As a former clinician with the CSB in Virginia Beach I supervised a program designed to keep people in need of DD services in the community or bring them back from institutional placements. At the time, it was a needed option for consumers who wanted to be a party to planning their futures. Hence, the consumers were at the center of that planning with family, friends and others who cared about them as members of the team. Fast forward a few decades and we now have consumer directed services, which should not be abandoned.
We have seen the importance attached to parents and guardians as decision makers when it comes the education of their children. Shouldn’t this same logic apply to parents or other caregivers who are responsible for their children with disabilities? Who is in a better position to provide care? Independent CSB case managers/support coordinators, in consultation with the consumers and their families, develop annual plans that are submitted to DBHDS and the Service Authorization Consultants approve the plan including consumer direct hours. Independent Services Facilitators ensure the consumer directed services derived from the annual plan are being followed, payments are in order and appropriate care is provided.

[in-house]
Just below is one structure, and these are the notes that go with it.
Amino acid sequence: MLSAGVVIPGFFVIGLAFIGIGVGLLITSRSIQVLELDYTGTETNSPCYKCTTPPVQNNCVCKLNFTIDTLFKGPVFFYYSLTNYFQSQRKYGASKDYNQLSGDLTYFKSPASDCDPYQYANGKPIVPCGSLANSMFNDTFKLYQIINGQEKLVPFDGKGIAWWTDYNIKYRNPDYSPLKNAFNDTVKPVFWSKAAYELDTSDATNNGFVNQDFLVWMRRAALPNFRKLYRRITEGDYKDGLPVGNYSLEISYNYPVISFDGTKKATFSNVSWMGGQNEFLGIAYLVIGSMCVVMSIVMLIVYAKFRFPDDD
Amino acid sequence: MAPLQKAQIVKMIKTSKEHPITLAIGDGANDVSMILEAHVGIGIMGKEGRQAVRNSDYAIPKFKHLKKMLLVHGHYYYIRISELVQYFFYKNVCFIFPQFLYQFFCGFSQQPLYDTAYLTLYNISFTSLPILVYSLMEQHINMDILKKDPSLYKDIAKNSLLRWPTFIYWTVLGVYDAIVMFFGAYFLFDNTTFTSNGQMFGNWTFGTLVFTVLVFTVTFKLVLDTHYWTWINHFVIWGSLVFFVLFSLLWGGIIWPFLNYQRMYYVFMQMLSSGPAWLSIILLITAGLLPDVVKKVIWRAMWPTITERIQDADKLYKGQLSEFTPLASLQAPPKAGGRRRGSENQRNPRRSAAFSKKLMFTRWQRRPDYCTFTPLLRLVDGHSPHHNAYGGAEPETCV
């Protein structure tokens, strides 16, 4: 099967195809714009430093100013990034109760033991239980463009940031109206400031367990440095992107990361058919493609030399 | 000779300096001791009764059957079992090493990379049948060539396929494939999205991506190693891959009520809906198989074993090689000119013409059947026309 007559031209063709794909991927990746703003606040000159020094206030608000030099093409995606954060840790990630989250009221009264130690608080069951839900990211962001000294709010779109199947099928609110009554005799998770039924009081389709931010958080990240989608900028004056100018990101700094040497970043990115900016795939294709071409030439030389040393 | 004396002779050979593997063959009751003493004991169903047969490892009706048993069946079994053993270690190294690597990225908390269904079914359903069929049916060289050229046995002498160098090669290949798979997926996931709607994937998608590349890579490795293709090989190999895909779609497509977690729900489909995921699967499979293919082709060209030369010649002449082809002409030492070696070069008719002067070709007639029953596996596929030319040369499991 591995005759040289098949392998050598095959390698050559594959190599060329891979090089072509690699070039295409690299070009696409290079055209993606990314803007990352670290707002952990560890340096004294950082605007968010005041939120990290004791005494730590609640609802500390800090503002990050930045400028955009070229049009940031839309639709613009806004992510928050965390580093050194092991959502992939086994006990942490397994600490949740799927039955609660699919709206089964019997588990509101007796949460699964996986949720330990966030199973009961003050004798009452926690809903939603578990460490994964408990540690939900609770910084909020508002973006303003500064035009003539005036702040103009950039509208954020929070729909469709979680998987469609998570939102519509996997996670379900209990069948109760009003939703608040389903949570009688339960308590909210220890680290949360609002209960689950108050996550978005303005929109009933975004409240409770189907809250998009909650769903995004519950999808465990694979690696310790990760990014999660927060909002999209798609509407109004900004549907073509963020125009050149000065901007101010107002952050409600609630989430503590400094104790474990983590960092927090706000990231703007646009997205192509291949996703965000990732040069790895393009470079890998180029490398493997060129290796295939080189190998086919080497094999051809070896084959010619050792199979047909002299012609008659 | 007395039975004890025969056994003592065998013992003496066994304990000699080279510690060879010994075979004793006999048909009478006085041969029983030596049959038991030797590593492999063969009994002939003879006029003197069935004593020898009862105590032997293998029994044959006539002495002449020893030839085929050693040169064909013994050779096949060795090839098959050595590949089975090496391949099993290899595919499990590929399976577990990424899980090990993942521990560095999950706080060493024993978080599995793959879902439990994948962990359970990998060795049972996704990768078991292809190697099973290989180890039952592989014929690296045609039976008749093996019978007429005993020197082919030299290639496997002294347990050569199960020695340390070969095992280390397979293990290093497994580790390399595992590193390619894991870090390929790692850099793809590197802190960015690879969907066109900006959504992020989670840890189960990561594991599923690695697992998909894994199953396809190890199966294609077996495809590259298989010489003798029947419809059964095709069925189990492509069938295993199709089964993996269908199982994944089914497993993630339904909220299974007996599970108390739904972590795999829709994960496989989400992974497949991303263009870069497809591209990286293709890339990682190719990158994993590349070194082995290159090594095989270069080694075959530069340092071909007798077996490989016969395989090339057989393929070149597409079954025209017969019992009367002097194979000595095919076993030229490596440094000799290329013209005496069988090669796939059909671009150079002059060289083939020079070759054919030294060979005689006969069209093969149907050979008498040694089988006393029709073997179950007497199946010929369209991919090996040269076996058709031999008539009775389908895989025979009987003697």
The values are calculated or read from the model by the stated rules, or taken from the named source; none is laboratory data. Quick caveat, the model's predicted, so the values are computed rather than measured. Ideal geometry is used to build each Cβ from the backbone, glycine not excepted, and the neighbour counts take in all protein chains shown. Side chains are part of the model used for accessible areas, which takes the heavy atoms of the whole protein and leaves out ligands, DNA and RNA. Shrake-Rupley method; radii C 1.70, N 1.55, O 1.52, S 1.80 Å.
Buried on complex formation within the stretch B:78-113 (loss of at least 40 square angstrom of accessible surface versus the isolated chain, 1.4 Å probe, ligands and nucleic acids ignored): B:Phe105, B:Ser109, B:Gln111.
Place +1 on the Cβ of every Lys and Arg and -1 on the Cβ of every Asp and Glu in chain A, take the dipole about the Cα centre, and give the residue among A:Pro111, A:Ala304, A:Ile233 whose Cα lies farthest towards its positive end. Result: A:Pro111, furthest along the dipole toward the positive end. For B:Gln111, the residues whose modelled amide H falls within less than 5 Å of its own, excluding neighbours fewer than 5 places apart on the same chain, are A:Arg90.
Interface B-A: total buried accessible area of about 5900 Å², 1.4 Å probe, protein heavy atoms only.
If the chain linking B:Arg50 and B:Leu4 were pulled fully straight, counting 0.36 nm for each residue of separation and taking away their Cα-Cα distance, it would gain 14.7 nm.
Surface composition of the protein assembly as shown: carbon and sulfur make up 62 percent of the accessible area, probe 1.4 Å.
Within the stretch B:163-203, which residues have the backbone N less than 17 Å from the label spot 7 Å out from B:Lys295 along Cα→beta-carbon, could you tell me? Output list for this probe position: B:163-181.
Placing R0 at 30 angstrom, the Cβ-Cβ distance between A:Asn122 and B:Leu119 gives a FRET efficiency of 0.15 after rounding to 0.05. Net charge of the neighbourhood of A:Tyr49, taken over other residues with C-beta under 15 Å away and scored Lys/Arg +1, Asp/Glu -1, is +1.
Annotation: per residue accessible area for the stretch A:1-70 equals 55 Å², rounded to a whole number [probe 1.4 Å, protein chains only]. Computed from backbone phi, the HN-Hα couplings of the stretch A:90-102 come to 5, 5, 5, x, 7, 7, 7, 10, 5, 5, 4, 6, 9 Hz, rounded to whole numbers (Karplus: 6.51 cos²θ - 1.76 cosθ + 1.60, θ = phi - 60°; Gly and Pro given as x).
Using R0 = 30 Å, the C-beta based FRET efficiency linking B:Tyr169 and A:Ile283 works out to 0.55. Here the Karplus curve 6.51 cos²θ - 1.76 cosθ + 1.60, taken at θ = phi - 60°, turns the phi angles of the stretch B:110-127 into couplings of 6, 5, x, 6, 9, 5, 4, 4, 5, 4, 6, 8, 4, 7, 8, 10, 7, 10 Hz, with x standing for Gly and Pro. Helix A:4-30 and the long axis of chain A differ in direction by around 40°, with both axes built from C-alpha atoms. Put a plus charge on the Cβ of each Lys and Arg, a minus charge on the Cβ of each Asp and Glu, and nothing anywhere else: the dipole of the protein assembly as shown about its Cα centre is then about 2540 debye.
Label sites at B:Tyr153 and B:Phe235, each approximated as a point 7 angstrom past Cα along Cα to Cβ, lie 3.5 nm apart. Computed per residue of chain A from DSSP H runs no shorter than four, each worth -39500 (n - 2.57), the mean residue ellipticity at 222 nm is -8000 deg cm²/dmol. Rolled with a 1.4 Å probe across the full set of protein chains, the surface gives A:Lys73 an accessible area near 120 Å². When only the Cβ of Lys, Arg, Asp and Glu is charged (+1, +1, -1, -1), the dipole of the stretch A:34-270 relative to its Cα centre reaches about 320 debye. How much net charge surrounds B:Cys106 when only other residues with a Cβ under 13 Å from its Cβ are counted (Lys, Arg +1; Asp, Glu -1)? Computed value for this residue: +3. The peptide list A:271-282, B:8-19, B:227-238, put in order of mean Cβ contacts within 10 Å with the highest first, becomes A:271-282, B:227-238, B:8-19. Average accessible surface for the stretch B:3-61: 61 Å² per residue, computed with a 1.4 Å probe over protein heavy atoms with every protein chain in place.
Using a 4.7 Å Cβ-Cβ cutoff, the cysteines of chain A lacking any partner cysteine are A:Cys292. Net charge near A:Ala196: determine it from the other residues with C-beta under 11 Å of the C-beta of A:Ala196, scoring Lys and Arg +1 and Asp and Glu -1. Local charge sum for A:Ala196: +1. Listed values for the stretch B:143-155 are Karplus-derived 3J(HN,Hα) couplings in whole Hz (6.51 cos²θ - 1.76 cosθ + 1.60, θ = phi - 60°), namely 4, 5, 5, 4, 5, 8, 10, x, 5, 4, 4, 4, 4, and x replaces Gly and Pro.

The difficulties for parents and other caregivers are well documented in this public record. As the parents of twin adult daughters with Down Syndrome, my wife and I are well aware of what parents face in caring for their children with disabilities. I urge DMAS to preserve the Consumer Directed option for these families. In addition to the instability the proposed changes may create, the cost to the state will undoubtedly increase.
Thank you for the opportunity to provide comment on this important matter.